Socialist Worker

Southampton council strike is at critical point

by Tom Walker
Issue No. 2260

Southampton council workers have been on rolling strike for seven weeks, and are escalating their action as the council threatens to sack them all  (Pic: Smallman )

Southampton council workers have been on rolling strike for seven weeks, and are escalating their action as the council threatens to sack them all (Pic: Guy Smallman)

It is a critical week in the Southampton council dispute—now in its seventh week of rolling strikes.

As of Monday—a day the unions called “Armageddon Day”—the council can legally sack all 4,600 workers unless they sign up for a pay cut.

Many workers have been forced to sign the new contract, under protest.

Others who haven’t now face the threat of a lockout. But the unions’ fight continues.

More than 700 Unison and Unite members across Southampton council were to strike this week.

They include port health officers whose action has the potential to hit one of Britain’s busiest ports hard.

Southampton was one of the first councils to use the tactic of mass sackings. And what happens there could be decisive in whether it spreads further or is pushed back.

The action got off to a good start on Monday as picket lines were set up across the city and about 200 workers joined a protest outside the port.


“We walked up from the depot to meet the port workers,” Unite convenor Mark Wood told Socialist Worker.

“We had a demonstration together with some Unite members from the docks who came to show their support.”

Council workers came out together as part of the joint public sector strike on 30 June.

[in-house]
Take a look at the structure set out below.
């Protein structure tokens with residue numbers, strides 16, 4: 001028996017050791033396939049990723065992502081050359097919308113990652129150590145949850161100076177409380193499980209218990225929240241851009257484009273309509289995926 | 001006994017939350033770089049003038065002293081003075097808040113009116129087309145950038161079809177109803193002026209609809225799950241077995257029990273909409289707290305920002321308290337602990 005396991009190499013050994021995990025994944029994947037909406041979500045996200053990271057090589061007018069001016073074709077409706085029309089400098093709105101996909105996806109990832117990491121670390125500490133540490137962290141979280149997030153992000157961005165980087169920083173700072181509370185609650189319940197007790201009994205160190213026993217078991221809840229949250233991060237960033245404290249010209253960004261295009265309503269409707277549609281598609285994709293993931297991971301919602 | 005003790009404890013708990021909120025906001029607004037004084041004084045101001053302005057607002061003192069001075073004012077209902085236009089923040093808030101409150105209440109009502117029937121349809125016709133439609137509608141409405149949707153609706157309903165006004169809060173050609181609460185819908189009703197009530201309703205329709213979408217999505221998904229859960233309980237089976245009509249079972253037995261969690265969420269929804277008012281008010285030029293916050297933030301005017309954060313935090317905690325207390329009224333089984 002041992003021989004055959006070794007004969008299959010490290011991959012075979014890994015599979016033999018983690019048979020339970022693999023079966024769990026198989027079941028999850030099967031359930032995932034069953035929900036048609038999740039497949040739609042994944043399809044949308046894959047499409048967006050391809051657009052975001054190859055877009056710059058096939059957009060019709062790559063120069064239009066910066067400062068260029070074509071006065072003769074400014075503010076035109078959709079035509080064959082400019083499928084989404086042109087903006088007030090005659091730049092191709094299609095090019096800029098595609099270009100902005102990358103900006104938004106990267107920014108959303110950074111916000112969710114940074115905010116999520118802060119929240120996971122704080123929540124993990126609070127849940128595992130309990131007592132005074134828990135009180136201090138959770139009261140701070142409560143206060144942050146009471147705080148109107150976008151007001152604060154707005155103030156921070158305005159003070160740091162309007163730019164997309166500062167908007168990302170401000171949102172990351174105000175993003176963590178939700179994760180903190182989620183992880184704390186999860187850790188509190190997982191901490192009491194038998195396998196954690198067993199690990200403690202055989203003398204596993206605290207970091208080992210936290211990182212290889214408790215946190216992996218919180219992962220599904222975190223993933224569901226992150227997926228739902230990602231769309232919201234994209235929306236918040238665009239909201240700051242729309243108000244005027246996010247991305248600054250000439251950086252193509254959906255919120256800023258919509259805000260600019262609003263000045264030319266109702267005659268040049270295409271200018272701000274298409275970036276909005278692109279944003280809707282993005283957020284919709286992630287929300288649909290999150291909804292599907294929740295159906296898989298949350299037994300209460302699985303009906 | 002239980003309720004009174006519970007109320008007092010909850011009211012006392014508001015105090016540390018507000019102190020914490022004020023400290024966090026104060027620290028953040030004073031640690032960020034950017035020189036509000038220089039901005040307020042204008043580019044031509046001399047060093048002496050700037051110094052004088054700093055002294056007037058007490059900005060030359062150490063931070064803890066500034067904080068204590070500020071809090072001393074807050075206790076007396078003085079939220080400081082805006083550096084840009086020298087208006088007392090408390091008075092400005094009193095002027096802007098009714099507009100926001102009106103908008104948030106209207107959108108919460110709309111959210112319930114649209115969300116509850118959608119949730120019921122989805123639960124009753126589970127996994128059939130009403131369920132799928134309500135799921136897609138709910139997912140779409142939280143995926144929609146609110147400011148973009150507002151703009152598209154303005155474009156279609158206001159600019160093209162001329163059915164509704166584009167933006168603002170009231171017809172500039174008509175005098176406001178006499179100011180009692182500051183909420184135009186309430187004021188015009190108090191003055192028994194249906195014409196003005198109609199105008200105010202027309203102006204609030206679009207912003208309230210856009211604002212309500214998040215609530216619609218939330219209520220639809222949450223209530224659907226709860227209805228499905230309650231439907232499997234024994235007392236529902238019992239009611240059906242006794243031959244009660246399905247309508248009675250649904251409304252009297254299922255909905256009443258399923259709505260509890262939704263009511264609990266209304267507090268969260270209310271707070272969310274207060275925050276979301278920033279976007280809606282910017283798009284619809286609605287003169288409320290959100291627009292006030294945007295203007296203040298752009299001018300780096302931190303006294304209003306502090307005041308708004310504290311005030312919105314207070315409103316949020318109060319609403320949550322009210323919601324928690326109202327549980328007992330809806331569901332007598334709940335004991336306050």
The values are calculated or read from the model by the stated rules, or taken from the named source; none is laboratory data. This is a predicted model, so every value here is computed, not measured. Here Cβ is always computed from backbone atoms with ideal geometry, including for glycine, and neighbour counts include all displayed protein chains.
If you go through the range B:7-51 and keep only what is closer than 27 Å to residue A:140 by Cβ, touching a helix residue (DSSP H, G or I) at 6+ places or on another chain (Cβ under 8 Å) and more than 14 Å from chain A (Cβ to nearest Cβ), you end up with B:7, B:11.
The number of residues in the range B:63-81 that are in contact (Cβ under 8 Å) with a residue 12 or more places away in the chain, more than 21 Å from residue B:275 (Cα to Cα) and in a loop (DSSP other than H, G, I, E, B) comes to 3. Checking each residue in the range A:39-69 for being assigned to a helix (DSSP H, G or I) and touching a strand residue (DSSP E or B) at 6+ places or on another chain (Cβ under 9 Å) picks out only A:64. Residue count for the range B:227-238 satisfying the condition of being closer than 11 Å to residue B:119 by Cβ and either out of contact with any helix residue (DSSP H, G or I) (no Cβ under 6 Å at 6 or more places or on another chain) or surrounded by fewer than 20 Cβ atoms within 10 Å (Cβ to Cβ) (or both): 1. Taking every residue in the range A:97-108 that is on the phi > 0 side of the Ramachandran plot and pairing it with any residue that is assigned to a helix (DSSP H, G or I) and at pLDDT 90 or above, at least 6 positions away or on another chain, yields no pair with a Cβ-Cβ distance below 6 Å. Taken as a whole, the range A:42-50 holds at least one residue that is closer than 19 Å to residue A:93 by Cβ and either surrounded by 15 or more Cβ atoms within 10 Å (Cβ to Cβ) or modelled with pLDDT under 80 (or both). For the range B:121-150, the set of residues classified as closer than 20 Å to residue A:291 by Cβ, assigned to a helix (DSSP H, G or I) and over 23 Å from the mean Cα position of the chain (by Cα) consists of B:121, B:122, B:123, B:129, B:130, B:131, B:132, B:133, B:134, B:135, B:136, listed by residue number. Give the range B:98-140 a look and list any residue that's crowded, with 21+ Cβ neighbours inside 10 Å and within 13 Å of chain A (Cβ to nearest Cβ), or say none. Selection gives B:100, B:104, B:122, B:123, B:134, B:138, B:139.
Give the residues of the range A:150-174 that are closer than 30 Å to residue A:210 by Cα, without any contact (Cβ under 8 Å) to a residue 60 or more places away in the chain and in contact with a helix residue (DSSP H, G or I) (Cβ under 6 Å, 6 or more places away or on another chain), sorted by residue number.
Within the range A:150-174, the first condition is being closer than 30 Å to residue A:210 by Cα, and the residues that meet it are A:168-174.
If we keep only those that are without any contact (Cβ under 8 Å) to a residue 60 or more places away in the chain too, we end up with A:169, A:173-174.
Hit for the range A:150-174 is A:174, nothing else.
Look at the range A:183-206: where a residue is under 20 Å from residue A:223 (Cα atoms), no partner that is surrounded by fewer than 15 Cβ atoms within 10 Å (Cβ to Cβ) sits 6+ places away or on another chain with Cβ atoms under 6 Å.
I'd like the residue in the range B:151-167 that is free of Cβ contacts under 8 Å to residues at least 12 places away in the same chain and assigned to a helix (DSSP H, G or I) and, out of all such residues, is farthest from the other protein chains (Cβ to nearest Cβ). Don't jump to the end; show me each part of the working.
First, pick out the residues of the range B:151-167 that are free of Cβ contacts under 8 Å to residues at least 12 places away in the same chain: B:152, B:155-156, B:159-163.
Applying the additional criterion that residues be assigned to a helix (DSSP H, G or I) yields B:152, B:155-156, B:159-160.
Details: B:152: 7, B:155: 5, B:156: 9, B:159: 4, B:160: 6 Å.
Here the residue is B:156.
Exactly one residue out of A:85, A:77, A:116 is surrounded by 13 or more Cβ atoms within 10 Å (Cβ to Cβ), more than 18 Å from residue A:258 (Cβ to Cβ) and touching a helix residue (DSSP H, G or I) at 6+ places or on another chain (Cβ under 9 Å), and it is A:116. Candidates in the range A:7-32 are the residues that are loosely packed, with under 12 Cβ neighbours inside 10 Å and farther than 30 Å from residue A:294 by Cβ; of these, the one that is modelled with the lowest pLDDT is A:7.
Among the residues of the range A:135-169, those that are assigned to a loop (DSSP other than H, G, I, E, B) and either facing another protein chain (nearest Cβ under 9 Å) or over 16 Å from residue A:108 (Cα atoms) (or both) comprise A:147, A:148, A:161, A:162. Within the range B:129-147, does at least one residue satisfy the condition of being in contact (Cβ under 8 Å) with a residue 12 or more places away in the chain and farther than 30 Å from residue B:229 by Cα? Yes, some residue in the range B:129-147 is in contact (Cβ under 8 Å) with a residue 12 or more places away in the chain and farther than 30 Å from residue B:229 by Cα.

Refuse workers, traffic wardens, librarians and many more have walked out in the dispute. The streets are piled high with bags of rubbish.

The “sign or be sacked” contracts that they are fighting include a 5 percent pay cut—more than £1,000 a year for many workers.

Bosses cancelled eleventh hour talks with the union last week. They are trying to divide-and-rule the workforce by offering £1,400 to children’s social workers who agree to it. But the vast majority still haven’t signed up.

The Unison union threw its weight behind the strikers, saying it has a £20 million war chest.


General secretary Dave Prentis said the dispute “sends an important message to Southampton council bosses, and to other employers thinking of doing the same, that workers will not take this treatment lying down”.

It is vital that the determined hard-hitting action continues.

The Unite union says a leaked internal report shows council bosses plan to sack a quarter of the workforce over the next three years.

Tory council leader Royston Smith has become a focus for workers’ anger. The unions have printed “Wanted” posters with his face on them.

He has even tried to claim that no one will be sacked, saying, “If they choose not to sign the contracts they will be choosing not to work at the city council.”

Last month up to 1,000 workers marched on the council. They chanted, “No ifs, no buts—stick your Tory cuts!”

The unions were planning another march to lobby the council meeting on Wednesday.

Unison regional organiser Andy Straker said the unions were “concentrating on working towards Wednesday”—and pledged that on that day “Southampton will have its largest demonstration ever”.

Shamefully the council only plans to allow 20 union members into the public gallery. But the strikers may have a thing or two to say about that.

Send donations to Unison office, Civic Centre, Southampton, SO14 7NB. Cheques payable to Unison Southampton District Branch and Unite at TGWU 2/8 strike fund, Unity Trust Bank account no. 20185358, sort code 08-60-01.

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Tue 12 Jul 2011, 17:04 BST
Issue No. 2260
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